Legislators, who boast their occupation is politics, tell that the sensitivity of ministers to their committees and the public is less keen. Whatever the signs, one would not fear the causes if the outcome does not matter. One problem may be citizens’ over expectation from politicians after the inception of democracy and ensuing frustration owing to their habitual exit from principled commitment. Inversely, if representatives are disciplined by fiat, leadership growth with a power of conviction in their minds throttles. Obviously, no recent leader presents a role model whose words are cited for every purpose, who remains the centre of the nation’s moral universe and under whose spell natives could be mobilised for nation building.
The present leaders’ fatal drive for sheer power makes Nepalis nostalgic of earlier leaders – Tank Prasad Acharya, BP Koirala, K P Bhattarai, Manamohan Adhikari, Ganesh Man Singh and Madan Bhandari and courage, dreams and visions. Their names have a therapeutic effect on Nepali Congress and leftist movement in Nepal. Now, careerism thrives in the loss of ideology, in the flaws of leaders’ conversion of politics into occupation and in their inability to make the future better than the past. When leaders become dealers they will fault the party for the nation and fail to keep a balance between the sordid greed of present and the real need of future generation.
Sadly, the democratic education starting with the schools, colleges and universities, which breathed life into civil society before political opening in the nation, is losing light and lustre. The binary education spawns contrasting socialisation and the formation of split political culture, the ruler and the ruled, devoid of critical learning and reflection. To Nepalis, education is very central to foster an inward growth of mind and spirit and know the duties of citizenship, social skills and attitudes that foil a life of smug showiness. One defect of the curricula of private schools is that they are not only de-contextualised but are also unrelated to the real, immediate civic life of Nepalis that help them to thrive emotionally and intellectually. The other is it does not reflect the needs of voiceless vital to the basic building blocks of a comprehensive understanding of how experiences shape cognitive growth.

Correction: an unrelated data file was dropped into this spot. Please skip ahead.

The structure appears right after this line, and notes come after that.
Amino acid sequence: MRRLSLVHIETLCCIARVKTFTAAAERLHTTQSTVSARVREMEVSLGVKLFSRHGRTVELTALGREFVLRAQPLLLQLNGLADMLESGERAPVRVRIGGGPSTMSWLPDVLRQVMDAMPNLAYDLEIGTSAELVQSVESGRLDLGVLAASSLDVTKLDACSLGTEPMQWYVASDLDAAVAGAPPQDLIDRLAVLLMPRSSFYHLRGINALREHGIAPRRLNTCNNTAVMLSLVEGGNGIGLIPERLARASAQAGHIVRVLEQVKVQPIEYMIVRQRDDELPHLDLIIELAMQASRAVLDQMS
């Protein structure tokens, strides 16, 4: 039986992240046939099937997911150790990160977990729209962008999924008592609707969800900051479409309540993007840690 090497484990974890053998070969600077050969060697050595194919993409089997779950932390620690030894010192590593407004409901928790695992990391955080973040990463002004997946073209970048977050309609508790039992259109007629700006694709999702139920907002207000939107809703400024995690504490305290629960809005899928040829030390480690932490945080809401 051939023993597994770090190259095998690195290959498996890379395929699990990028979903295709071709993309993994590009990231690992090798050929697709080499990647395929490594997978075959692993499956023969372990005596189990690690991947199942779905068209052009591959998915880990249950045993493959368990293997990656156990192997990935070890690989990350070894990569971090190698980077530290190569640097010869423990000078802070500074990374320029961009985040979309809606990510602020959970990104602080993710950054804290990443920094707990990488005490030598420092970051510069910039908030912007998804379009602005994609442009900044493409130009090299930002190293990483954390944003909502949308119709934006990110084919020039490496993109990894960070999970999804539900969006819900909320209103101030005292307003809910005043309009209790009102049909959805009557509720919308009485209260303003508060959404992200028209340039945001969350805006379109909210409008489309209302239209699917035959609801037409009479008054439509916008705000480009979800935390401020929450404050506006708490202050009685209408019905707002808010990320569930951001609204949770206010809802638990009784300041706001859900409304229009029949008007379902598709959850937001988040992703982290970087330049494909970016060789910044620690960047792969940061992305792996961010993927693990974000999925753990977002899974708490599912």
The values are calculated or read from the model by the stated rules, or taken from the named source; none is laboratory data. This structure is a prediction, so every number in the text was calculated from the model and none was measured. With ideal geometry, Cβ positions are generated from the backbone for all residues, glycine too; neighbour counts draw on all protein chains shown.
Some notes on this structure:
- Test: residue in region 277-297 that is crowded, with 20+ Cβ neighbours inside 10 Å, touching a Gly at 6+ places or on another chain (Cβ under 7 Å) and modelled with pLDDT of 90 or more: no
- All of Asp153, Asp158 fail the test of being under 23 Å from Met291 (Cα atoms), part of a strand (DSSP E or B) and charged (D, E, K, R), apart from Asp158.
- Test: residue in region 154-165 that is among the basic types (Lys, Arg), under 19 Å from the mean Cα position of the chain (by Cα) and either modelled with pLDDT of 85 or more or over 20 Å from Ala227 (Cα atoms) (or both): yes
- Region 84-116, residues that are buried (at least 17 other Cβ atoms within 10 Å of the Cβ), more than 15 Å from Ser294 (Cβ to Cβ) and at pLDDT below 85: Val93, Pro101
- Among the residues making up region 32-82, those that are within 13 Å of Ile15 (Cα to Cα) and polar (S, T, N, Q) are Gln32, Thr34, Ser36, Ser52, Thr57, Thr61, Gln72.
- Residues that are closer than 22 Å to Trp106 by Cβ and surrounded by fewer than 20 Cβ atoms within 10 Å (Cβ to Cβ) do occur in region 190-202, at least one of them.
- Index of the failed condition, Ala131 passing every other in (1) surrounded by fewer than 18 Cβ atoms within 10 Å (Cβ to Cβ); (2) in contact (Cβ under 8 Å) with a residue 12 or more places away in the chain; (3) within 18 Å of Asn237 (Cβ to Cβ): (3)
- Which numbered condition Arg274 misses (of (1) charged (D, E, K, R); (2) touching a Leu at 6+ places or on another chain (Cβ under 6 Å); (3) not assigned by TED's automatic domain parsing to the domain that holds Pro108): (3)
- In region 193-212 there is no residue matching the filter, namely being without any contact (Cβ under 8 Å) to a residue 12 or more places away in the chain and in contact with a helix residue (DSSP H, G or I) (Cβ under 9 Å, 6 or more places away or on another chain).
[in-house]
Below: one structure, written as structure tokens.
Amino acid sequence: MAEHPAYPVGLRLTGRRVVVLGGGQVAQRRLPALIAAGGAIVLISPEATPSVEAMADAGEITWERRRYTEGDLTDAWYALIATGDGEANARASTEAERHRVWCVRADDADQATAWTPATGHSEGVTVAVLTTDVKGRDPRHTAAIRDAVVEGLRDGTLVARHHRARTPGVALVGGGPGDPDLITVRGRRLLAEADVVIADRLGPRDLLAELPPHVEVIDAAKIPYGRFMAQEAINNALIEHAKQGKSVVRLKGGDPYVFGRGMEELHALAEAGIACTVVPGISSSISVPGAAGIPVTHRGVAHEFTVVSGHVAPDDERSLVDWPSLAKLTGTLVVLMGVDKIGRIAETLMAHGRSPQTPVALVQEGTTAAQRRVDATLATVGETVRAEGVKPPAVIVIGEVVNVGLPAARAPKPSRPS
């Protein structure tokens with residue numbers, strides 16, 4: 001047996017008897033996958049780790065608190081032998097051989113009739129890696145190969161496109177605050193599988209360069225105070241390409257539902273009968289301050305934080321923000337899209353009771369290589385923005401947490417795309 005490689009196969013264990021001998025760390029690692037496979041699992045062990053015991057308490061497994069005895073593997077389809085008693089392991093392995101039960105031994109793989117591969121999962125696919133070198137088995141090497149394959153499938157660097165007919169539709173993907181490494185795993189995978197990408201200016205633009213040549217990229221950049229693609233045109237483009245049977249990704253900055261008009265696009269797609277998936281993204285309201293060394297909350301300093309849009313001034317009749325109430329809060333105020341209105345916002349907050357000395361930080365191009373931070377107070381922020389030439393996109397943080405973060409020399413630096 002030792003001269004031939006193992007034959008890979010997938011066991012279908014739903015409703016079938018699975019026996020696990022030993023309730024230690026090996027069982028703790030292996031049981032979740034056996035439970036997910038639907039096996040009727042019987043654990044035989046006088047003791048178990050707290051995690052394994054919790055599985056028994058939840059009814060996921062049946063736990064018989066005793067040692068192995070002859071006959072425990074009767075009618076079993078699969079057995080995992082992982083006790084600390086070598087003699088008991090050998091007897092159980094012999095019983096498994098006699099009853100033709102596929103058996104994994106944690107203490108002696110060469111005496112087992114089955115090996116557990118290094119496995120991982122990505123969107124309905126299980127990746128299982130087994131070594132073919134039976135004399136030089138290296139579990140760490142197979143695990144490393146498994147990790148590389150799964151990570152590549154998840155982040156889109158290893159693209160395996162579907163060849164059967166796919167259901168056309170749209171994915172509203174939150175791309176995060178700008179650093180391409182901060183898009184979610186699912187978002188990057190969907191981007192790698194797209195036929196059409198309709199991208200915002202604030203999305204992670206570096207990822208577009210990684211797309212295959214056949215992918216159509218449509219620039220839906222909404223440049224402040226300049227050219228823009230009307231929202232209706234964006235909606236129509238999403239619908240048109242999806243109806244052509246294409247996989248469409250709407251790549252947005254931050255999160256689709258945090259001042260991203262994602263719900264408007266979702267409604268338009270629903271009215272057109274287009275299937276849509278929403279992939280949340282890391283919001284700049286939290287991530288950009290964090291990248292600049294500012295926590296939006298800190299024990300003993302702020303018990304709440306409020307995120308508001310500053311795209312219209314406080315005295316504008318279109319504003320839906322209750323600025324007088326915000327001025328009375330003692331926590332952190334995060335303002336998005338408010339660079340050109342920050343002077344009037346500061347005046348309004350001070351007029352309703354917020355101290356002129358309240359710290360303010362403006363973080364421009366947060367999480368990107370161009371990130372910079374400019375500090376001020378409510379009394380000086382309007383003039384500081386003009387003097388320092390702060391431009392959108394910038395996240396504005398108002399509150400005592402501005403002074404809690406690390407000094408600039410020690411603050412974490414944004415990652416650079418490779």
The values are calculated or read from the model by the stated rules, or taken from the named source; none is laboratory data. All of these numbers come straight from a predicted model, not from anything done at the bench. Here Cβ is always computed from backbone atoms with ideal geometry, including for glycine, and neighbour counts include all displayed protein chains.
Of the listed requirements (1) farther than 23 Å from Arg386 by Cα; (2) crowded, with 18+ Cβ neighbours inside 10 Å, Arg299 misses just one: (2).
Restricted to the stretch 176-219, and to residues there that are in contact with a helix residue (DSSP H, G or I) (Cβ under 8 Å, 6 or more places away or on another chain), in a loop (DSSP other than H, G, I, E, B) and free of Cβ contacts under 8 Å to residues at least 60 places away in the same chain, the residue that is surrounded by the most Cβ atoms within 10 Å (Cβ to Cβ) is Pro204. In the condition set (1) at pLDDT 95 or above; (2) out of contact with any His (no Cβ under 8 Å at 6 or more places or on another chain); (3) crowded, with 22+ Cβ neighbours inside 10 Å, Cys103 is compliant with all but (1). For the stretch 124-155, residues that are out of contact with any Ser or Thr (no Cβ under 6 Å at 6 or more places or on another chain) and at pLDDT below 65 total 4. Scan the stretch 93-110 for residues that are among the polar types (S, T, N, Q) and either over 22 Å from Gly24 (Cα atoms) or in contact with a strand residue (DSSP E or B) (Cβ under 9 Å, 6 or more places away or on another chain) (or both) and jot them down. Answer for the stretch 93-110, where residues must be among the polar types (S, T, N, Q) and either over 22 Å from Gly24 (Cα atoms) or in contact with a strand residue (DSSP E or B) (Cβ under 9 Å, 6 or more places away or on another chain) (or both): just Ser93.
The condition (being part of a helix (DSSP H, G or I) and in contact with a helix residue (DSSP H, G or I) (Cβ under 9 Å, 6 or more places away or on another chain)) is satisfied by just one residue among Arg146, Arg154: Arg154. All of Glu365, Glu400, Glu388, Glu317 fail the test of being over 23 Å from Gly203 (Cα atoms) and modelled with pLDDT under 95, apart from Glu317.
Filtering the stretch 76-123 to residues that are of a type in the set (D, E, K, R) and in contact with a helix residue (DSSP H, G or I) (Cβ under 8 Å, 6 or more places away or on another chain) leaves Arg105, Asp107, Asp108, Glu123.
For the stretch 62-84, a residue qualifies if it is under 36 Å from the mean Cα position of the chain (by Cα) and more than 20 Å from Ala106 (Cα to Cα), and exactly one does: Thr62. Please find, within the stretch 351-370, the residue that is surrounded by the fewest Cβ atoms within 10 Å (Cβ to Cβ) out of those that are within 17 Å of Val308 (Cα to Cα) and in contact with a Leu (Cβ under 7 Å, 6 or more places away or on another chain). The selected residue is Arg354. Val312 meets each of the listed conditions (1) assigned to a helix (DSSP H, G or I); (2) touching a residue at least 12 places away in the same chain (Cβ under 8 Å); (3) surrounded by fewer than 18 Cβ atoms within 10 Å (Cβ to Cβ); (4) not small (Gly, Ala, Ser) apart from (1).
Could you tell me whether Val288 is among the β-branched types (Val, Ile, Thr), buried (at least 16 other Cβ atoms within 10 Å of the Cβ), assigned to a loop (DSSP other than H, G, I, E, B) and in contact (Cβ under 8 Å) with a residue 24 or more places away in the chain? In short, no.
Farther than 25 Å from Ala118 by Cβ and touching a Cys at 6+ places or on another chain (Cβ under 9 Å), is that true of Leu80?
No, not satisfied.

Majority of private schools of Nepal are ever more turning into commercial houses and the diversity of this system is based on the economic model that fosters the growth of a two-class society. While the public schools are becoming too slack devoid of apt discipline, the political motive of private schools seems to strengthen the upper class to participate in knowledge economy. The values of private ones fail to be in harmony to the nation’s communitarian values. They have earned the reputation for sending graduates into service sectors than into academia or the liberal arts and constitute the elite segment of the generation, a symbol of high-tech cat-walk fixated with unbridled career hit no matter what costs.
The policies of the private educational system tend to carry on traditional class and caste disparity and prevent the upward mobility of ordinary Nepalis through the use of science, reason and education thus straining the process of social transformation. The same holds true to bureaucracy as bulk of its members is atrophied in partisan slant than an ember of professional and social merits. At the mass level, a strong sense of crisis is creeping in politics spurred by growing conflict in all the political parties, their conflicting ends and their socialisation designs echoing an essential concern for stable governance political order. This crisis surged because key leaders ward off the scrutiny of democratic institutions, such as free media, elected legislature and civic groups. The state of crisis implies a condition of anxious awareness of the future.